What are my child care and early learning options?
You might need to leave your child in someone else's care - that is, child care - if you have work, study or other commitments. Choosing the right child care and early learning service can be a difficult decision for families. Your decision will depend on your family's needs and the environment with which you and your child will feel most comfortable.
As well as providing care, child care and early learning services provide an opportunity for your child to develop social, emotional and learning skills.
When deciding on the type of care that is best for your child, you may want to ask yourself:
- How many hours of care do I need? The whole day? Just mornings? Just afternoons? Just a few hours a week? Or just occasionally, like when I have an appointment and need someone to look after my children?
- Do I want my child cared for in a home environment or in a centre?
- What kind of qualifications and experience do staff members have?
- Does the service offer a kindergarten/preschool program?
- What learning and play opportunities do I want my child to have?
- What kind of routine will my child have?
- Do I want the service to provide lunch? Can I have a look at a sample meal plan?
- Does the centre provide nappies for children under the age of 2?
- What is the carer-to-child ratio?
- Can I claim Child Care Subsidy if I choose a certain child care and learning service?
Here is a quick description of the different types of child care and early learning services to help you make your decision.
- Long Day Care
- Family Day Care
Long day care
Long Day Care is sometimes referred to as centre-based care and is generally provided in a building or part of a building that has been created specifically for use as a child care centre.
Centres usually operate between 7:30 am and 6:00 pm and offer professional care for children aged 0-6. Children are usually grouped in rooms according to age and developmental stage.
Child care is usually available for all day or part of the day at a centre. Some centres offer morning or afternoon sessions.
Many centres offer meals throughout the day including morning tea, lunch and afternoon tea. The types of meals vary from centre to centre. If a centre does not offer meals then families will need to provide their own.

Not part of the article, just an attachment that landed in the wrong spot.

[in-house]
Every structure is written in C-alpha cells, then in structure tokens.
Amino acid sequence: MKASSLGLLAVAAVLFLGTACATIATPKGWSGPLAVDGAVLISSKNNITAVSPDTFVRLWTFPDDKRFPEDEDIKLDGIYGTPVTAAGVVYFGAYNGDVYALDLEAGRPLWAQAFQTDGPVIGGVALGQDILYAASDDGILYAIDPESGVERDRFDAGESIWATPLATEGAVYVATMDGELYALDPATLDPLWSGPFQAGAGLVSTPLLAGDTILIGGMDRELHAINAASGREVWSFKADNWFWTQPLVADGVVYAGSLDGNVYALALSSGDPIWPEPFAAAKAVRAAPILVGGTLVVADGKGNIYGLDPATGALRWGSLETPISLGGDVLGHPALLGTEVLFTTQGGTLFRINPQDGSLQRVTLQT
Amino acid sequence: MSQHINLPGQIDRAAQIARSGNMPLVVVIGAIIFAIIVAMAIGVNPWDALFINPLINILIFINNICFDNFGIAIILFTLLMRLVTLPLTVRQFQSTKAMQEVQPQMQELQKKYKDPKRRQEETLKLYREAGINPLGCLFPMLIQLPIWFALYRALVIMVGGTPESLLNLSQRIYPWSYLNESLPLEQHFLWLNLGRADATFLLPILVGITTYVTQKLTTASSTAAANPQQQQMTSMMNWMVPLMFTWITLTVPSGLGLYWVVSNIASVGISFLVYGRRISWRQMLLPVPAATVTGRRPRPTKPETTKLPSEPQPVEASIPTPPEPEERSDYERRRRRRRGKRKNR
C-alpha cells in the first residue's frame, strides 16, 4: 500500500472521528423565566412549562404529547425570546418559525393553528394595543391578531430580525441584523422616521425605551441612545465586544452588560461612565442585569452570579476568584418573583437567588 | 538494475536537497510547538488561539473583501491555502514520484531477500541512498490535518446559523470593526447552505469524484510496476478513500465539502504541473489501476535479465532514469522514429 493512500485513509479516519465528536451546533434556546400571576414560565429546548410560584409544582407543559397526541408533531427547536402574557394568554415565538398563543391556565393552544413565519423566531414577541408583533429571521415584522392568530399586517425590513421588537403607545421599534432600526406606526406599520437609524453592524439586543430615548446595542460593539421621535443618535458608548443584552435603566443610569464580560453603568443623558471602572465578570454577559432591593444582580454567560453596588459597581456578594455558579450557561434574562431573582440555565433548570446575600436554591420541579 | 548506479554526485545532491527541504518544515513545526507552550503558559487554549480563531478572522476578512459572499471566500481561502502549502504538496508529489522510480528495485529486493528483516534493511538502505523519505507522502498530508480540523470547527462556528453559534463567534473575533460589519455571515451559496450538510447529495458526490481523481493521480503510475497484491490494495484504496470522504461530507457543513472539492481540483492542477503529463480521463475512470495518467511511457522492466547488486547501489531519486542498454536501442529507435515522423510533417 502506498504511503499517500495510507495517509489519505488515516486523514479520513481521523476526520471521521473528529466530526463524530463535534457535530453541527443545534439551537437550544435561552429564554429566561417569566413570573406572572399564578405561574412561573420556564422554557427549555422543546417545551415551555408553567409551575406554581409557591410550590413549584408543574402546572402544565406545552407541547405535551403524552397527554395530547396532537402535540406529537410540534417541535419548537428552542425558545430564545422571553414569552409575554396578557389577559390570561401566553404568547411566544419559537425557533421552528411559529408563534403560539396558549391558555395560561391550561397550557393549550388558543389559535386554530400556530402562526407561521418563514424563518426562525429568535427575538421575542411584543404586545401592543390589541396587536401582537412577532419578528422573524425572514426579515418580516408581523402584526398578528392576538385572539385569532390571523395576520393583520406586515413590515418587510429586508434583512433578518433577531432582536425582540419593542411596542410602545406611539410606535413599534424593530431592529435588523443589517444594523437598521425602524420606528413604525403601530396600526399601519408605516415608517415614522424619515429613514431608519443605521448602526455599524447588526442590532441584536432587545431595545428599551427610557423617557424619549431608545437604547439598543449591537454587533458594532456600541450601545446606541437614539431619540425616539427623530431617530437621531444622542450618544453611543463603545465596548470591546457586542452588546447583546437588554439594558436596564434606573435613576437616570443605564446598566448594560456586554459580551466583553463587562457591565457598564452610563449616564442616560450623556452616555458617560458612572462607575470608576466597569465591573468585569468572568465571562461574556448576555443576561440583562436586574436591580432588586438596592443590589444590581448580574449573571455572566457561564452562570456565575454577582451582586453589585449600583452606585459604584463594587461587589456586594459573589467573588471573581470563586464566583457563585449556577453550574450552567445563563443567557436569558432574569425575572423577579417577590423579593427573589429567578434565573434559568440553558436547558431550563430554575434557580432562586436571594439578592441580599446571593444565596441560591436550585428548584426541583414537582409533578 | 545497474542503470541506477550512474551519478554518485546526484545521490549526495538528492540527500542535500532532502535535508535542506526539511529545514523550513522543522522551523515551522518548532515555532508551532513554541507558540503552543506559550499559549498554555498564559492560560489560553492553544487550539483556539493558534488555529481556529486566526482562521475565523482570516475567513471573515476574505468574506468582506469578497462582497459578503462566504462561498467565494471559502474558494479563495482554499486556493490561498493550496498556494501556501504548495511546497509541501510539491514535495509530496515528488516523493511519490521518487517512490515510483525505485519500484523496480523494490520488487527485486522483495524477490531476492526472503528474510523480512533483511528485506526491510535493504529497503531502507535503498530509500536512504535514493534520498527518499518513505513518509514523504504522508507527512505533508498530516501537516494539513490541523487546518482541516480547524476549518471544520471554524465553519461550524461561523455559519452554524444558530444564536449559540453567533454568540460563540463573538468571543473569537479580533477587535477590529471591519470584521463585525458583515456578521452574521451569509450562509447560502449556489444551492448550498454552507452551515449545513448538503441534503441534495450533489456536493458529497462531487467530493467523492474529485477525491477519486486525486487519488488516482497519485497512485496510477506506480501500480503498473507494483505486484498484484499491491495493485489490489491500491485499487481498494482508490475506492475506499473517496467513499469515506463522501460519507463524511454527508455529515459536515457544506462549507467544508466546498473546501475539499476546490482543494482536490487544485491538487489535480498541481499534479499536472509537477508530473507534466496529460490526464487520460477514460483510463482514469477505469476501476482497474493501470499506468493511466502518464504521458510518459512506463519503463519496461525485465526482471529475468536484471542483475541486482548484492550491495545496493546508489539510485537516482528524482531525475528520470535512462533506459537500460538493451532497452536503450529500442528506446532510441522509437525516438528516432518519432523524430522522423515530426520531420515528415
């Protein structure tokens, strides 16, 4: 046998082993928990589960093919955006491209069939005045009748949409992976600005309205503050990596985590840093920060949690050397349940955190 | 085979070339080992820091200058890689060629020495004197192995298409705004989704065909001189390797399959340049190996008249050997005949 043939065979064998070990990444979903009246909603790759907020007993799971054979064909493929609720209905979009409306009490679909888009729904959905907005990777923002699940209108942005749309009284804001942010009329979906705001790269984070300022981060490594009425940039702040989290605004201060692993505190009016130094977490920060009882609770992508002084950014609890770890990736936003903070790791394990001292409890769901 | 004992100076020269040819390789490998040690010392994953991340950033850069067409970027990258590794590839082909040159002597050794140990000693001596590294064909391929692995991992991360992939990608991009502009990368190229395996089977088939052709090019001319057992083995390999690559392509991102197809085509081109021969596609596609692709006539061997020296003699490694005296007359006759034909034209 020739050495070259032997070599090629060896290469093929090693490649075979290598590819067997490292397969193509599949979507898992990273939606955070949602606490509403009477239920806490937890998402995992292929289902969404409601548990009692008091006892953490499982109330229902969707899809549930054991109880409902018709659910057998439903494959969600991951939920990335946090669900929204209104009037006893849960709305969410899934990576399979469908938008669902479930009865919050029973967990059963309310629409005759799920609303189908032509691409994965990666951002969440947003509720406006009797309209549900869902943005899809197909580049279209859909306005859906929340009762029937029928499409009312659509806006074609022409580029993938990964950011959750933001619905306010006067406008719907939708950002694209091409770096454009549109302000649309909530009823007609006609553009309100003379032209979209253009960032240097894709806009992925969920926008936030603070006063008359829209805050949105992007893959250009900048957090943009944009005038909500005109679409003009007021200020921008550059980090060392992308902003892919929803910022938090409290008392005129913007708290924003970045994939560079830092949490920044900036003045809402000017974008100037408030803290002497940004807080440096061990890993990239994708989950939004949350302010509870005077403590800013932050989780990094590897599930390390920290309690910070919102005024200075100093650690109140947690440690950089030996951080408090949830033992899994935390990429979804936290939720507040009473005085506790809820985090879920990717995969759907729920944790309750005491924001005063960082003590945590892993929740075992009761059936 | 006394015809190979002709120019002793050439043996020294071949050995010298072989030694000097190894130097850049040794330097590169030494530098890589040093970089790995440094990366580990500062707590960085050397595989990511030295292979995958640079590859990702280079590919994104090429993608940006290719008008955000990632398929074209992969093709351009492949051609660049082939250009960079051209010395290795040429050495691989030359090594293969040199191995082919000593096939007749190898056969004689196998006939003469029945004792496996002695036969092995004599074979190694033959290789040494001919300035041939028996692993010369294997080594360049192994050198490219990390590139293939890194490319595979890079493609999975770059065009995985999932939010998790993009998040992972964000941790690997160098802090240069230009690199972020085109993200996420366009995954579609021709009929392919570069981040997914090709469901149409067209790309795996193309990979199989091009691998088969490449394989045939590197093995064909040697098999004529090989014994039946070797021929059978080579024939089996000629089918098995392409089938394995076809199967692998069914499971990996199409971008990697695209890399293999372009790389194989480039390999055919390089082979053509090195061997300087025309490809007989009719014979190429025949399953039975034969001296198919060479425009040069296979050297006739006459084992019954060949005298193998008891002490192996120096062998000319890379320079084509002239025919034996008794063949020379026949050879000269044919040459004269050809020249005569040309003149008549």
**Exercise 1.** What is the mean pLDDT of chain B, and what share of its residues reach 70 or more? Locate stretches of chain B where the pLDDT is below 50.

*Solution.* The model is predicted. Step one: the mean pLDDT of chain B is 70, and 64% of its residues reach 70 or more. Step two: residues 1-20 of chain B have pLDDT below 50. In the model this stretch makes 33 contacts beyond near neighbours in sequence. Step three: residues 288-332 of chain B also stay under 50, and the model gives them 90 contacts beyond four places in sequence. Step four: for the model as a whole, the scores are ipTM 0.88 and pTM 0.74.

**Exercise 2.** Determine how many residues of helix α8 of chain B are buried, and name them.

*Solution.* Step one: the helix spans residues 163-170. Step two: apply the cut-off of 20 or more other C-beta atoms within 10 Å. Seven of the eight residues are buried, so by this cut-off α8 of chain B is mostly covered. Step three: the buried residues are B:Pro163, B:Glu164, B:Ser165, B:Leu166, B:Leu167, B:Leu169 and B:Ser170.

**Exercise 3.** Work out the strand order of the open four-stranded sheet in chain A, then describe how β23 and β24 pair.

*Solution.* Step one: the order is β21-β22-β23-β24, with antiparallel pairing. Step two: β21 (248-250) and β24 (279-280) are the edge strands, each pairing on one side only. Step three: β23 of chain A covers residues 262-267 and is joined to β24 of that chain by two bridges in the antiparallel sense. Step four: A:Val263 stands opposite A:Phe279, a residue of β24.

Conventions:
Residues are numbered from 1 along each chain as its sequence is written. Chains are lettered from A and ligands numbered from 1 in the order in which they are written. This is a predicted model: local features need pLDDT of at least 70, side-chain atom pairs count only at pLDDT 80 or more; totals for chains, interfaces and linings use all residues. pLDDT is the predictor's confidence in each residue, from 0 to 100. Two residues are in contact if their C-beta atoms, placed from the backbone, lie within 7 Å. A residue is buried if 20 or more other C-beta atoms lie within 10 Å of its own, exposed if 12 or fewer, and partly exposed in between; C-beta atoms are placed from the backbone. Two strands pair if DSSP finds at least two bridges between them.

Most Long Day Care centres will have an early education component to their program so children will learn as they are cared for.
Long Day Care centres are run by private companies, local councils, community organisations, individuals, non-profit organisations or by employers for their staff.
The majority of Long Day Care centres are approved child care services. This means that families using the service may be eligible for Child Care Benefit and the Child Care Rebate. Approved services must also show that they are meeting certain quality standards.
Family Day Care
Family Day Care (FDC) services deliver flexible home-based education and care for children via a network of FDC educators. FDC services support and administer the care that is provided, on their behalf, in educators’ homes.
FDC services are responsible for the effective operation of all components of FDC, including recruiting, training and supporting educators; monitoring care provision; and providing advice, support and information for parents.
FDC services can provide flexible care, including all-day care, part-time, casual, overnight, before and after school care, and care during school holidays. Educators do not have any legal right to independently enter into a care arrangement for Child Care Benefit approved care. However, service operators may authorise educators (acting as an agent for their service) to enter into care arrangements on their behalf.
FDC educators and services must meet their obligations under the National Quality Framework for Early Childhood Education and Care and comply with the Early Childhood Services Education and Care National Law and National Regulations, and any other applicable state and territory regulations, when providing care to children.
An educator may provide care in their home for the maximum number of children, including their own children, in accordance with the National Law and National Regulations.
The content for this article is originally from My Child.